April 23, 2018

Interpretive Summary: Characterization of Inappetent Sheep in a Feedlot using Radio-Tracking Technology

Interpretive Summary: Characterization of inappetent sheep in a feedlot using radio-tracking technology

By: Megan LaFollette

In March 2018, Journal of Animal Science published an article that investigated using radio frequency identification (RFID) technology to track inappetent sheep in a feedlot. Before sheep are shipped for live export, they are first held in a feedlot so that they can be monitored while they adjust to a new diet of pelleted feed. During this period in the feedlot and shipping, a major cause of mortality is from reducing feed intake or simply not eating feed (inappetence), which is associated with salmonella infection. If inappetent sheep could be identified earlier in the process, they could be given veterinary care or alternative feeding arrangements – thereby improving health and welfare. The purpose of this study was to use RFID technology to compare sheep feeding and drinking behaviors with sheep survival and body condition at a commercial feedlot.

In this study, 8,206 sheep were monitored for 6 to 31 days across four consignments from September 2011 to June 2012. Sheep were of a variety of breeds, sexes (primarily castrated males), ages (weaners to 2 yrs), and farms of origin (284 total farms). Sheep were assigned a body condition score at intake and exit. RFID ear tags recorded feeding and drinking frequency and duration, although only the first 6 days were compared between sheep for consistency. Dead sheep were examined by a veterinarian to determine cause of death.

Results showed that only 76 sheep died (<1%) in this study with about half of those dying from salmonella. Sheep that died from salmonella decreased the amount of time spent at the feed trough from days 1 to 6, which indicates they went off feed. Over half of these animals also spent less than 30 min per day at the feeder, with 45% spending less than 15 min per day at the feed trough. However, when comparing them to sheep alive at exit, on day 1 about 19% of sheep alive at exit also spent less than 15 min at the feed trough. Even by day 6 about 2% of sheep alive at exit still spent less than 15 min at the feed trough. Therefore, time at the feed trough alone – particularly before day 3 – is not an indicator of potential infection. Body condition score was higher in sheep that died, which indicates they may not have been in poorer condition initially. Drinking behavior did not differ between sheep alive or dead at exit.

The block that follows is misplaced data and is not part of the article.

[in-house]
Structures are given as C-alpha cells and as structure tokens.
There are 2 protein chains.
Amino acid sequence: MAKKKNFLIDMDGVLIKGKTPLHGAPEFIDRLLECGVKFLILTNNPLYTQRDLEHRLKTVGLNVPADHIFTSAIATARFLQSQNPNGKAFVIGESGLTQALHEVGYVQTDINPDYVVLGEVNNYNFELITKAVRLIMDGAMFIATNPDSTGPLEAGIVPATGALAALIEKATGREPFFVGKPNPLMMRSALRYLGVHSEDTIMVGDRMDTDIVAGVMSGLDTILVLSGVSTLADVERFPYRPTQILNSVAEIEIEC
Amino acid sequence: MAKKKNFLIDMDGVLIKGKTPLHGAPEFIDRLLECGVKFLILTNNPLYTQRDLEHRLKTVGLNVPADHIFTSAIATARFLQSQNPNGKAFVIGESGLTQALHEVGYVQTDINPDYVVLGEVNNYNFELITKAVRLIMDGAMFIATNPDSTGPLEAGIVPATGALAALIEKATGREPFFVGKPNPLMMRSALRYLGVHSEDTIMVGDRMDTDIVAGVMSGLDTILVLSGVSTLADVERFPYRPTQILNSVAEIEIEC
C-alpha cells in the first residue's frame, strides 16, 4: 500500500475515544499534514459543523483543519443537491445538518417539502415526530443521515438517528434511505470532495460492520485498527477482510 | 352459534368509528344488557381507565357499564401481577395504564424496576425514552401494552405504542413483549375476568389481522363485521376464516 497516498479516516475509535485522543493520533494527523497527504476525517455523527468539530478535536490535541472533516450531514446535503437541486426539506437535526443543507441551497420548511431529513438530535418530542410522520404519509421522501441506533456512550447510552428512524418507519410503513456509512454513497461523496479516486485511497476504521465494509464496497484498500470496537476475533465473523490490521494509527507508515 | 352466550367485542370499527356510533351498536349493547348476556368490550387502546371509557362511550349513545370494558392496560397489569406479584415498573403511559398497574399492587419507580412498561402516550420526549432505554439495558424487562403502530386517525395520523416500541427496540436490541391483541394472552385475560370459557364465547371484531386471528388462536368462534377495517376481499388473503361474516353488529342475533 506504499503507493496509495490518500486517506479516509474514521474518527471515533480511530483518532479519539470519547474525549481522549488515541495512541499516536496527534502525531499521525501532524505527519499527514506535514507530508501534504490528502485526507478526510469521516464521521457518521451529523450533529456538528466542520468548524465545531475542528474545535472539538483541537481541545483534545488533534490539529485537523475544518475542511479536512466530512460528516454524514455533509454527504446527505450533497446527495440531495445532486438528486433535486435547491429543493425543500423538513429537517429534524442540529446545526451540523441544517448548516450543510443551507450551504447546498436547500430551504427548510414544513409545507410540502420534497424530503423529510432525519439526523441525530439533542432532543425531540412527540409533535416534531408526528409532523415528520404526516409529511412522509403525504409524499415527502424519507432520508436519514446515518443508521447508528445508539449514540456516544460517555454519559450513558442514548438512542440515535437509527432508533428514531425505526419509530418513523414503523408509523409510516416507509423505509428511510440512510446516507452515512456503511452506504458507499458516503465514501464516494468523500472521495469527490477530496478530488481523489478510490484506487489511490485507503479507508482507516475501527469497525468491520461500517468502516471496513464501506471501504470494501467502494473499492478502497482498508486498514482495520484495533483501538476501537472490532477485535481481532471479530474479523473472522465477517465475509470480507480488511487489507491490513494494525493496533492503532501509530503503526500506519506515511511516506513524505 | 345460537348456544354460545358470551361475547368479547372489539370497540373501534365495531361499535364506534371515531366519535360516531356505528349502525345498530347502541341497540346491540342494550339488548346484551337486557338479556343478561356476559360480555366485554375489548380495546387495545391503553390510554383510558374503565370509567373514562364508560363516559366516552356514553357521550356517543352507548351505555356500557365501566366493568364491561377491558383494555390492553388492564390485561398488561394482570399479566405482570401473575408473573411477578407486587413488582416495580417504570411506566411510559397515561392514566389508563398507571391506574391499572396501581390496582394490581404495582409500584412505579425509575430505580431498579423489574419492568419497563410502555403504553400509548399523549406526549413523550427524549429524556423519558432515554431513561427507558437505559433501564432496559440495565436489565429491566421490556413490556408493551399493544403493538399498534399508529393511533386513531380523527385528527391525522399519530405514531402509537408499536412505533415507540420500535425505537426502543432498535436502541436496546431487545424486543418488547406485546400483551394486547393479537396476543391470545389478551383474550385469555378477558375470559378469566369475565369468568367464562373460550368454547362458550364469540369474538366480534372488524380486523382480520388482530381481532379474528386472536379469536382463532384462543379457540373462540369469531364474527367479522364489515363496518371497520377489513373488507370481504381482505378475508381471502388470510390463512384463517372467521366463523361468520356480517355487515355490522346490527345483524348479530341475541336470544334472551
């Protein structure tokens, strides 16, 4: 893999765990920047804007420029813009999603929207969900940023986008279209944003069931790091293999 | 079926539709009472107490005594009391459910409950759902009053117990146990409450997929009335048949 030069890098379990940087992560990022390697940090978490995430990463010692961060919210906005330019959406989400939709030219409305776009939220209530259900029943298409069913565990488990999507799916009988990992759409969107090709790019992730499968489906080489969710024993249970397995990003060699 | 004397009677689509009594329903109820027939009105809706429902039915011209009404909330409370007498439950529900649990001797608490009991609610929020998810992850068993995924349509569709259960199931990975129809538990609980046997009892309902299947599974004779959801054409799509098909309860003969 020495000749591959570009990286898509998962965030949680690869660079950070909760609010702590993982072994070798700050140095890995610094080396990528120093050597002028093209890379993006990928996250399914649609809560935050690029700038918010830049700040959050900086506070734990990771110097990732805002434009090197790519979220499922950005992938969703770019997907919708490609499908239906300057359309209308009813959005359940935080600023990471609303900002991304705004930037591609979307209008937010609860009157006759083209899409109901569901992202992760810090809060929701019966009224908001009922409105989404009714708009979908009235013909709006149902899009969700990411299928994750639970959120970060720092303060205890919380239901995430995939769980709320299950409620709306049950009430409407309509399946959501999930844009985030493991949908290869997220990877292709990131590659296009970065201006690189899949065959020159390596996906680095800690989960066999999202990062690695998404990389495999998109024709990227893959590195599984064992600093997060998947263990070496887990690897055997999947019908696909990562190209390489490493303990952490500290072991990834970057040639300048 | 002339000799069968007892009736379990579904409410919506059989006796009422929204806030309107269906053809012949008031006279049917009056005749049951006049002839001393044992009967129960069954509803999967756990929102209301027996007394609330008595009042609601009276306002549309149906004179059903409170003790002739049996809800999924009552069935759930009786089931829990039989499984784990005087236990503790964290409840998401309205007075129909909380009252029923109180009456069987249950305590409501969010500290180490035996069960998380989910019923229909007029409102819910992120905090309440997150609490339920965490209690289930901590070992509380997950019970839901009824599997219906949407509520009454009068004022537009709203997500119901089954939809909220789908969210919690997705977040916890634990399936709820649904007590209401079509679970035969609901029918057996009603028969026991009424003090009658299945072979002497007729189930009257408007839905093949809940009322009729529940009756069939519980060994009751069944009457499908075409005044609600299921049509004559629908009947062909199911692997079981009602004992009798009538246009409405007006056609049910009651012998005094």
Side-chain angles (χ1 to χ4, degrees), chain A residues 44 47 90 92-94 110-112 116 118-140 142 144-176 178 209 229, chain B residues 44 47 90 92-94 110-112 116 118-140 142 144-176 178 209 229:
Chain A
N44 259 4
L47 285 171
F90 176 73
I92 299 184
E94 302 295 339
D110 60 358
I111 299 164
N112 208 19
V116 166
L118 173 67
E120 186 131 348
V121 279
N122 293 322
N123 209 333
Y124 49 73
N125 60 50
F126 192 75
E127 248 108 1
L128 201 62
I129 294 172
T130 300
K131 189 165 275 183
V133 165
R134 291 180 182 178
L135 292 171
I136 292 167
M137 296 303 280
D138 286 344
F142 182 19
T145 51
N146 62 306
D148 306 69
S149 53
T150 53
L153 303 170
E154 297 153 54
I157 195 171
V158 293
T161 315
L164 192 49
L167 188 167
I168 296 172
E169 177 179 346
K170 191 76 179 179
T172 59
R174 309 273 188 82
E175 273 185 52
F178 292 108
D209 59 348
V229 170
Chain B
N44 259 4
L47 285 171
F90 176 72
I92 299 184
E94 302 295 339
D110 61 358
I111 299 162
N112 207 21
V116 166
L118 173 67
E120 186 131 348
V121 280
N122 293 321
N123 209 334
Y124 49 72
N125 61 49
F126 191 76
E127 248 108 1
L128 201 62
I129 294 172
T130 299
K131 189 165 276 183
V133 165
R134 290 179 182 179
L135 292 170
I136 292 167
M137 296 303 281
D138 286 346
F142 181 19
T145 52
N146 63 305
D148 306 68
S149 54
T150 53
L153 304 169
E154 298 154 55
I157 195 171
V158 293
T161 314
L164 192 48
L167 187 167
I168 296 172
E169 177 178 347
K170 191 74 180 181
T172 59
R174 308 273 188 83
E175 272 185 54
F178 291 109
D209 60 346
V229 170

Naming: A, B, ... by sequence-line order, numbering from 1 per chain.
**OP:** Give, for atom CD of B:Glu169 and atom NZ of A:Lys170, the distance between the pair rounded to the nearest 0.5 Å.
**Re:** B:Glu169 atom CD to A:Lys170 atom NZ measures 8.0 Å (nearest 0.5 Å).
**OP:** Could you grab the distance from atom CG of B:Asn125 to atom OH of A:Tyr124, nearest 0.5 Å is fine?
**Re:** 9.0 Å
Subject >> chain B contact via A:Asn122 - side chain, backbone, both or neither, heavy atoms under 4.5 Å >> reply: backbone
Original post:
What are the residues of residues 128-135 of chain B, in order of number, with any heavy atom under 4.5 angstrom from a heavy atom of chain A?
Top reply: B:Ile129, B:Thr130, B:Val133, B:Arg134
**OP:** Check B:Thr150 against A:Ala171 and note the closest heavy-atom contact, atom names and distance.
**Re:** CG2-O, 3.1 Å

Overall, this study shows that RFID tags can successfully be used to track sheep eating and drinking behavior. However, data gathered from RFID tags may not assist in identifying sheep inappetent animals at risk from salmonella because of large variation in these animals and many sheep being off feed early on in the feedlot. However, it may be possible to use time spent at the feed trough as a potential indicator of illness beginning on day 3 at the feedlot. Additionally, experienced stockmanship is needed to identify sheep that may require veterinary attention or alternative feeding arrangements to help improve sheep health and welfare.

To view the full article "Characterization of inappetent sheep in a feedlot using radio-tracking technology," visit the Journal of Animal Science